Of course there’s a cost, which I knew would need to be saved for, but if it meant I could create a high-quality product, I felt it was worth it.

Fast forward a year or so, and as my new husband and I sat down to go over our finances, I realised I needed a more concrete figure on exactly how much this would all cost. I reached out to the company, Ocean Reeve Publishing, and the rest, as they say is history.

So here I am, getting antsy to be finished so they can get their editorial team onto it, and I can get the ball rolling on something I’ve dreamed about since childhood.

It’s a mammoth task, but I’m trying not to think about it too much, and just relish these final days of my first edit, when it’s all simply me and my words. Of course it still will be afterwards, but there’s something delightful about working on something in secret, trying to perfect and enrich it.

But soon, it will be ready for the world.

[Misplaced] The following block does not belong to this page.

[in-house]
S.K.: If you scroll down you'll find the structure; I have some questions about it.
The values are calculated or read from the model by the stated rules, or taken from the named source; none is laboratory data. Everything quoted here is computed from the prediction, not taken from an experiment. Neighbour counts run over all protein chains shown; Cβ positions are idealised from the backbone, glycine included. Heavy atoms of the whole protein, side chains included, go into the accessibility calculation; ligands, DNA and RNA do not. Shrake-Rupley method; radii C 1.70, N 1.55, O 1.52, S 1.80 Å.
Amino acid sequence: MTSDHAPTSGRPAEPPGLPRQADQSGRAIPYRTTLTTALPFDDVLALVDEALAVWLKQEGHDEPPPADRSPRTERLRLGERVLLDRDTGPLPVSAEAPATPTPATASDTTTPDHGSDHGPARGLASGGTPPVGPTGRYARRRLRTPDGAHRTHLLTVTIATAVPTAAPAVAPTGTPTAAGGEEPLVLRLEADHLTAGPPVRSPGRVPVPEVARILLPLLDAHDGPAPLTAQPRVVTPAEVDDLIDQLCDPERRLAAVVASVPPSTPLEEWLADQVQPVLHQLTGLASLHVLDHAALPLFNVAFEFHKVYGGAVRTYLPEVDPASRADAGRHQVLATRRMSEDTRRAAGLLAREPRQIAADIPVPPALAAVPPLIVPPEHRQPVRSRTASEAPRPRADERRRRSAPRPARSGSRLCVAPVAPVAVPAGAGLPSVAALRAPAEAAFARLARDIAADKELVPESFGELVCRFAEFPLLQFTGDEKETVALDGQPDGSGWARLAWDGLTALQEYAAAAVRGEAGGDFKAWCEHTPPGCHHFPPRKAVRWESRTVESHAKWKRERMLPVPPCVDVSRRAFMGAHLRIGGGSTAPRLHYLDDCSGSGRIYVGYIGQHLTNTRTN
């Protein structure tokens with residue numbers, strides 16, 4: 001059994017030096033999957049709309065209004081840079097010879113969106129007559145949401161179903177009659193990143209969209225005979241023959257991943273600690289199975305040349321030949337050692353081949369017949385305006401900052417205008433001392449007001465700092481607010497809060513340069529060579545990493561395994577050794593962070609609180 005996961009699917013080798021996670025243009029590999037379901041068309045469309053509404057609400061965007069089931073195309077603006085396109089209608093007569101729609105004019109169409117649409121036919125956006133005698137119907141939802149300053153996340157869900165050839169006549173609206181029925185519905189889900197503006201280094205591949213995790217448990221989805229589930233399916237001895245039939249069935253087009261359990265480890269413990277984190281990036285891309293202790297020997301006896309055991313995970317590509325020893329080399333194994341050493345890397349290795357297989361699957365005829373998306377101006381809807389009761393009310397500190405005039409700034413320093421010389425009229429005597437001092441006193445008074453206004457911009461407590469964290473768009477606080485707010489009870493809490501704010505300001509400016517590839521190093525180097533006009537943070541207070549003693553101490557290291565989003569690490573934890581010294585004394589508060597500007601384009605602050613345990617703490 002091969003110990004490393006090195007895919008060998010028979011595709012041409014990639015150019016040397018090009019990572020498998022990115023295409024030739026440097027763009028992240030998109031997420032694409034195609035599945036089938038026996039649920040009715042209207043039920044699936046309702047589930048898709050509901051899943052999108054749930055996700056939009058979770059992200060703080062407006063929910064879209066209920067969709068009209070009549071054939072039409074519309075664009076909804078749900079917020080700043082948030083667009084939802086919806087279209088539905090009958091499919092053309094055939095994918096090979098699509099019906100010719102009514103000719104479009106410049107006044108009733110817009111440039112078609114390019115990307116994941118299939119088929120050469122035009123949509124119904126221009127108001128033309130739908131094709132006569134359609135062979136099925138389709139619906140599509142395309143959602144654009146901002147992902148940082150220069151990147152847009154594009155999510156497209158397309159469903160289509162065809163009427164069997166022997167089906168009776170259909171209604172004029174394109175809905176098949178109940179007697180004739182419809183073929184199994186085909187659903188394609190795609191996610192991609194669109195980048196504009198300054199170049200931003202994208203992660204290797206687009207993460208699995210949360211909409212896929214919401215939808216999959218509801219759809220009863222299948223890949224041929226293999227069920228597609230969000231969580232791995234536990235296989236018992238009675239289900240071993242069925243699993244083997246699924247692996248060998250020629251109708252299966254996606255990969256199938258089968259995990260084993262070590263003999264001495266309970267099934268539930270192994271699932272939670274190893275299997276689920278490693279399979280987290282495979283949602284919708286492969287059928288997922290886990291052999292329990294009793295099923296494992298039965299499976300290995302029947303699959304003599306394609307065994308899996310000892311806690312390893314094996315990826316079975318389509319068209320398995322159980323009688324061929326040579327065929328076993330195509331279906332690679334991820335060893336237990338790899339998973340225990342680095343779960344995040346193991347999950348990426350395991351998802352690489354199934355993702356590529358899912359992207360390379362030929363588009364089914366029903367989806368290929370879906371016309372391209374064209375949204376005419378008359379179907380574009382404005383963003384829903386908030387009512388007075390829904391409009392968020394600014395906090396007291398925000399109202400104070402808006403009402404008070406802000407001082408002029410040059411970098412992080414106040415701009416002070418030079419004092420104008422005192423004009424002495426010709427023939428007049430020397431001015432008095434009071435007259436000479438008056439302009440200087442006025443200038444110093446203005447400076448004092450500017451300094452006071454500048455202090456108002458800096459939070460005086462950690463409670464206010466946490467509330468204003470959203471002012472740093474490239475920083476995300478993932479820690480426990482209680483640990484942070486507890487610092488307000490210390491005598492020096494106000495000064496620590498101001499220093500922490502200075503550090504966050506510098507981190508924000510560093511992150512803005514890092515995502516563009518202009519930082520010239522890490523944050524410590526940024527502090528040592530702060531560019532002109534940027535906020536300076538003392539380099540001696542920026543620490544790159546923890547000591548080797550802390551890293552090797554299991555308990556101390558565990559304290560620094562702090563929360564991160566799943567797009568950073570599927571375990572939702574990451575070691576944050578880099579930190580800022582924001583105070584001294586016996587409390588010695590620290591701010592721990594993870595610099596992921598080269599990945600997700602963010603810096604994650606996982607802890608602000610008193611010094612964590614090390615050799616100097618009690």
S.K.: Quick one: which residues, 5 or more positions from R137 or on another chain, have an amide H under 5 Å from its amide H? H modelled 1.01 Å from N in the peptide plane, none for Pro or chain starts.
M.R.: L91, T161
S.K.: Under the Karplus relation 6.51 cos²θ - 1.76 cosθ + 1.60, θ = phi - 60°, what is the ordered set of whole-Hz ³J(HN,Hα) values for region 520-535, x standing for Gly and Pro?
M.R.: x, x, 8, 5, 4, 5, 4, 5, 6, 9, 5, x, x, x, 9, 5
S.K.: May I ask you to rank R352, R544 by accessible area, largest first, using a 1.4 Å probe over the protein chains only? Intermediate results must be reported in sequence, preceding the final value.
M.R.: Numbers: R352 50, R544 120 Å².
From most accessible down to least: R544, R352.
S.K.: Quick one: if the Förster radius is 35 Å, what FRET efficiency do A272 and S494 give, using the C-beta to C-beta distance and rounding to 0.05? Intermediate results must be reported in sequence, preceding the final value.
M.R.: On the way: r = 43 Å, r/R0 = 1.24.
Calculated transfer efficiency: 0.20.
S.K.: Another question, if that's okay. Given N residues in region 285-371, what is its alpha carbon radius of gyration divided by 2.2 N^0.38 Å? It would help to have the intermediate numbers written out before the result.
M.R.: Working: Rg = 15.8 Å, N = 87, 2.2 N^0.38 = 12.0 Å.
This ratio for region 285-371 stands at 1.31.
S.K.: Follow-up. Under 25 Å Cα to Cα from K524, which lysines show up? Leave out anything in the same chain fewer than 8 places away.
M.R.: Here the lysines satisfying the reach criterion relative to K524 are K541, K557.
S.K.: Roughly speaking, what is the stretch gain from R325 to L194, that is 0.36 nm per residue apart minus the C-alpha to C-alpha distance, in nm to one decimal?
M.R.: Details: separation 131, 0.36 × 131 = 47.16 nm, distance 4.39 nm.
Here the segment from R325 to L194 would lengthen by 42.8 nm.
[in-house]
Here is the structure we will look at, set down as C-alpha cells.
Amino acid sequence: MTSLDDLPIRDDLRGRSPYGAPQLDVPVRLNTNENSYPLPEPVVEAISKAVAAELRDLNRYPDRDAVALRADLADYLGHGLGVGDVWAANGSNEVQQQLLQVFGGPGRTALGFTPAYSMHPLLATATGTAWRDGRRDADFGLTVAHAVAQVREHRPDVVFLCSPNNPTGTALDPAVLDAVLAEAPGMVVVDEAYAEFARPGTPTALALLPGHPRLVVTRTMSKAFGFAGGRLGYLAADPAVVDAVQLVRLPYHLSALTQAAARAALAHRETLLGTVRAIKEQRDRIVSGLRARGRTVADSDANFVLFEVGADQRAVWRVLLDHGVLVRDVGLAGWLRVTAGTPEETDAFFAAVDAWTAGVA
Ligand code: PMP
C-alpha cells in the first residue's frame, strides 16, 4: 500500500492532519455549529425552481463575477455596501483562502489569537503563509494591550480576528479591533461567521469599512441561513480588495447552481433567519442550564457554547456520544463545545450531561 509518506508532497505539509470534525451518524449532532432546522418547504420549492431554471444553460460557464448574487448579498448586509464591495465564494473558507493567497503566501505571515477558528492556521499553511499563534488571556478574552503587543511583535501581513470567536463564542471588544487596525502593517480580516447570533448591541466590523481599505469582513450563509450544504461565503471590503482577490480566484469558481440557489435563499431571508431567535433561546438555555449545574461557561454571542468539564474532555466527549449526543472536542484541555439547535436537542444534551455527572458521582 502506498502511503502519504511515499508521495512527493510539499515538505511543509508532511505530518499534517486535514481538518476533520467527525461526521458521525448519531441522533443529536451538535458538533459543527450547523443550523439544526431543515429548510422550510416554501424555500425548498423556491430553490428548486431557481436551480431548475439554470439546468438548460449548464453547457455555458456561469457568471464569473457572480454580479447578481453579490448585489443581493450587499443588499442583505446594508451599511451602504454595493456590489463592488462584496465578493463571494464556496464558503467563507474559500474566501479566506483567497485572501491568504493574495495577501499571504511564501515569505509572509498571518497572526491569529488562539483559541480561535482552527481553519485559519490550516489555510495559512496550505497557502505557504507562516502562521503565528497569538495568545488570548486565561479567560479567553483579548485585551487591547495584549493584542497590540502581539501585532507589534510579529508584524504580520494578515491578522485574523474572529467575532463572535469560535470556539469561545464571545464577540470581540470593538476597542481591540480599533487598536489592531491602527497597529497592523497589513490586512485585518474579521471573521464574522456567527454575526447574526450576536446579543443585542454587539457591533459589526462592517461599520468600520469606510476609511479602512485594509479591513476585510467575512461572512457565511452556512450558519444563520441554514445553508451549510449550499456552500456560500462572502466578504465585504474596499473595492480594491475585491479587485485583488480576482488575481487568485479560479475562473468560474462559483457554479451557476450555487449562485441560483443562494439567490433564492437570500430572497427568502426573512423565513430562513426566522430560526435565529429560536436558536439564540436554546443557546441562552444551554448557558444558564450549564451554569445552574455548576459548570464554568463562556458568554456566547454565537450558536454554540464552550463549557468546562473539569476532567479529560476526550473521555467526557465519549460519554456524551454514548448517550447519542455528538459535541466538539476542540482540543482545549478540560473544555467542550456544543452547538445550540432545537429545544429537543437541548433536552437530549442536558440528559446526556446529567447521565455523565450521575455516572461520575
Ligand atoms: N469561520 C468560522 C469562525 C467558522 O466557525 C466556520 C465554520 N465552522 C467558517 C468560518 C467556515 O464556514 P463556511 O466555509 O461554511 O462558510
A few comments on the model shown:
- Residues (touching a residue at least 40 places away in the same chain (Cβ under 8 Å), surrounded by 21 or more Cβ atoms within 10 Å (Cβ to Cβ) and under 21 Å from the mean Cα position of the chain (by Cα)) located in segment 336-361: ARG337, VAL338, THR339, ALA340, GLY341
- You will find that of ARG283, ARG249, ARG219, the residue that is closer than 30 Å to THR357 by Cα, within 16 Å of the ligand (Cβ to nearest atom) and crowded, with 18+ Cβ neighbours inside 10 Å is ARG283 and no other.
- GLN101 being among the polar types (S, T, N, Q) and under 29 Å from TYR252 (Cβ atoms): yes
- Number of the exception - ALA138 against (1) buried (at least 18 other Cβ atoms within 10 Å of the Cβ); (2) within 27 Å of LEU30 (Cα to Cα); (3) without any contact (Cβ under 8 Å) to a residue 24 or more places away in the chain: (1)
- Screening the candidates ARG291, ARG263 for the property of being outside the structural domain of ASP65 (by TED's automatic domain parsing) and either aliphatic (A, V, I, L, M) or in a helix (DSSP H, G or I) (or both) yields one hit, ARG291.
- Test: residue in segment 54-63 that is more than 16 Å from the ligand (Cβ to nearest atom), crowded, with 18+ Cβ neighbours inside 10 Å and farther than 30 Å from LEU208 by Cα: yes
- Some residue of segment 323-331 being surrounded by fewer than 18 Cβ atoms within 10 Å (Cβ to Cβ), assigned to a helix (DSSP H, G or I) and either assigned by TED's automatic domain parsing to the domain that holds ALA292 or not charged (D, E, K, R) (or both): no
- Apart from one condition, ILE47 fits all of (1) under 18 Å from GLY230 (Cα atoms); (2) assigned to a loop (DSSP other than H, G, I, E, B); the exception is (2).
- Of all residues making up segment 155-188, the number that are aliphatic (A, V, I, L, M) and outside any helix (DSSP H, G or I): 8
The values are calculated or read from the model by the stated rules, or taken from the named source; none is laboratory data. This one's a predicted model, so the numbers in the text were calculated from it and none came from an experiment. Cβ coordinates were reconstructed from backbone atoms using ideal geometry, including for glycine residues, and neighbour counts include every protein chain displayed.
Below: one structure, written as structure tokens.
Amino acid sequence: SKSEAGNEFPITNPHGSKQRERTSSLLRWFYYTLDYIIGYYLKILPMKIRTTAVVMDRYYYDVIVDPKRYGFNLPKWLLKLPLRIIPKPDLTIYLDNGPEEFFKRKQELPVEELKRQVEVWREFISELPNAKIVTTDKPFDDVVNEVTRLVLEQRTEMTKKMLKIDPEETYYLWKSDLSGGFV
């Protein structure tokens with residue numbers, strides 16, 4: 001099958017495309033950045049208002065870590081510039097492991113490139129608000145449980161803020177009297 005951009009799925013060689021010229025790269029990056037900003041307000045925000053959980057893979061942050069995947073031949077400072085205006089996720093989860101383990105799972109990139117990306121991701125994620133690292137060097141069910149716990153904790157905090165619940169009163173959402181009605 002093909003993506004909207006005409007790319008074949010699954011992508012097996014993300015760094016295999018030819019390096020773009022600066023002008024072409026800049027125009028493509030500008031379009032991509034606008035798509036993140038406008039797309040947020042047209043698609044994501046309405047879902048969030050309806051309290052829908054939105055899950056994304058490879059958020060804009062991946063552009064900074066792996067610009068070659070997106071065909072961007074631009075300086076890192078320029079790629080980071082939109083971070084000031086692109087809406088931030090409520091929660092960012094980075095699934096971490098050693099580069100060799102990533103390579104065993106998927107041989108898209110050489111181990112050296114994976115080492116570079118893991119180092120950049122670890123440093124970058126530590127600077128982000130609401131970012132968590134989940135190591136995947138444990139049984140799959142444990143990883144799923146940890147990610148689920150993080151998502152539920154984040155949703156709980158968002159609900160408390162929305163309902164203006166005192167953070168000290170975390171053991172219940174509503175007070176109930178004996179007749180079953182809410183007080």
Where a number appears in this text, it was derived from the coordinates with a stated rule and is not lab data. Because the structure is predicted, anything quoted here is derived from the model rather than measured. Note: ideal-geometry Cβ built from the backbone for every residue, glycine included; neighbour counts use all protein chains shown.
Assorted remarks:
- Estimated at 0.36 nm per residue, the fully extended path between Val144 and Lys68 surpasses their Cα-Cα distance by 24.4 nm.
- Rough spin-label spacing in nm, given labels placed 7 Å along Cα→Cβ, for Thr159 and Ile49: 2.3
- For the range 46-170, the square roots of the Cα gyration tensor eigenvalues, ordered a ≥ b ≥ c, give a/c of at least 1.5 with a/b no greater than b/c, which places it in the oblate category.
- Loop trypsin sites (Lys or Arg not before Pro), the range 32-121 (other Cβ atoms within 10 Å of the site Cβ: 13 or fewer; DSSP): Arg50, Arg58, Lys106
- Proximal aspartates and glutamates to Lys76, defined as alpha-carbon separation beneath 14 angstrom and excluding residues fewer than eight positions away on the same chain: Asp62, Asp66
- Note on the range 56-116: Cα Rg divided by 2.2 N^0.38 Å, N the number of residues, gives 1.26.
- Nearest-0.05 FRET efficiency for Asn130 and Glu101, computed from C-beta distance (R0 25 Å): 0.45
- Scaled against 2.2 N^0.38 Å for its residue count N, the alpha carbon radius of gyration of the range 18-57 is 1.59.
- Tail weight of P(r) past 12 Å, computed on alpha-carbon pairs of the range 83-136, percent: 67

Hi there! My name is Brooke Martin and I want to be an author!

I’ve loved reading since I was a child. There’re so many images etched in my mind of reading – hot summer days lounging all over my bed reading page after page, or sitting in my little cushioned reading corner to read The Chronicles of Narnia, or my Dad bursting into my room when I was in Year 7, asking what had happened after I cried “he’s a idiot!” while reading The Lord of the Rings.

I also remember sitting in my swivel chair in primary school, busy at work tapping out my first attempt at writing a story – all about a girl transported into a fairyland, by falling through a secret portal hidden within a massive tyre lying in an abandoned junkyard.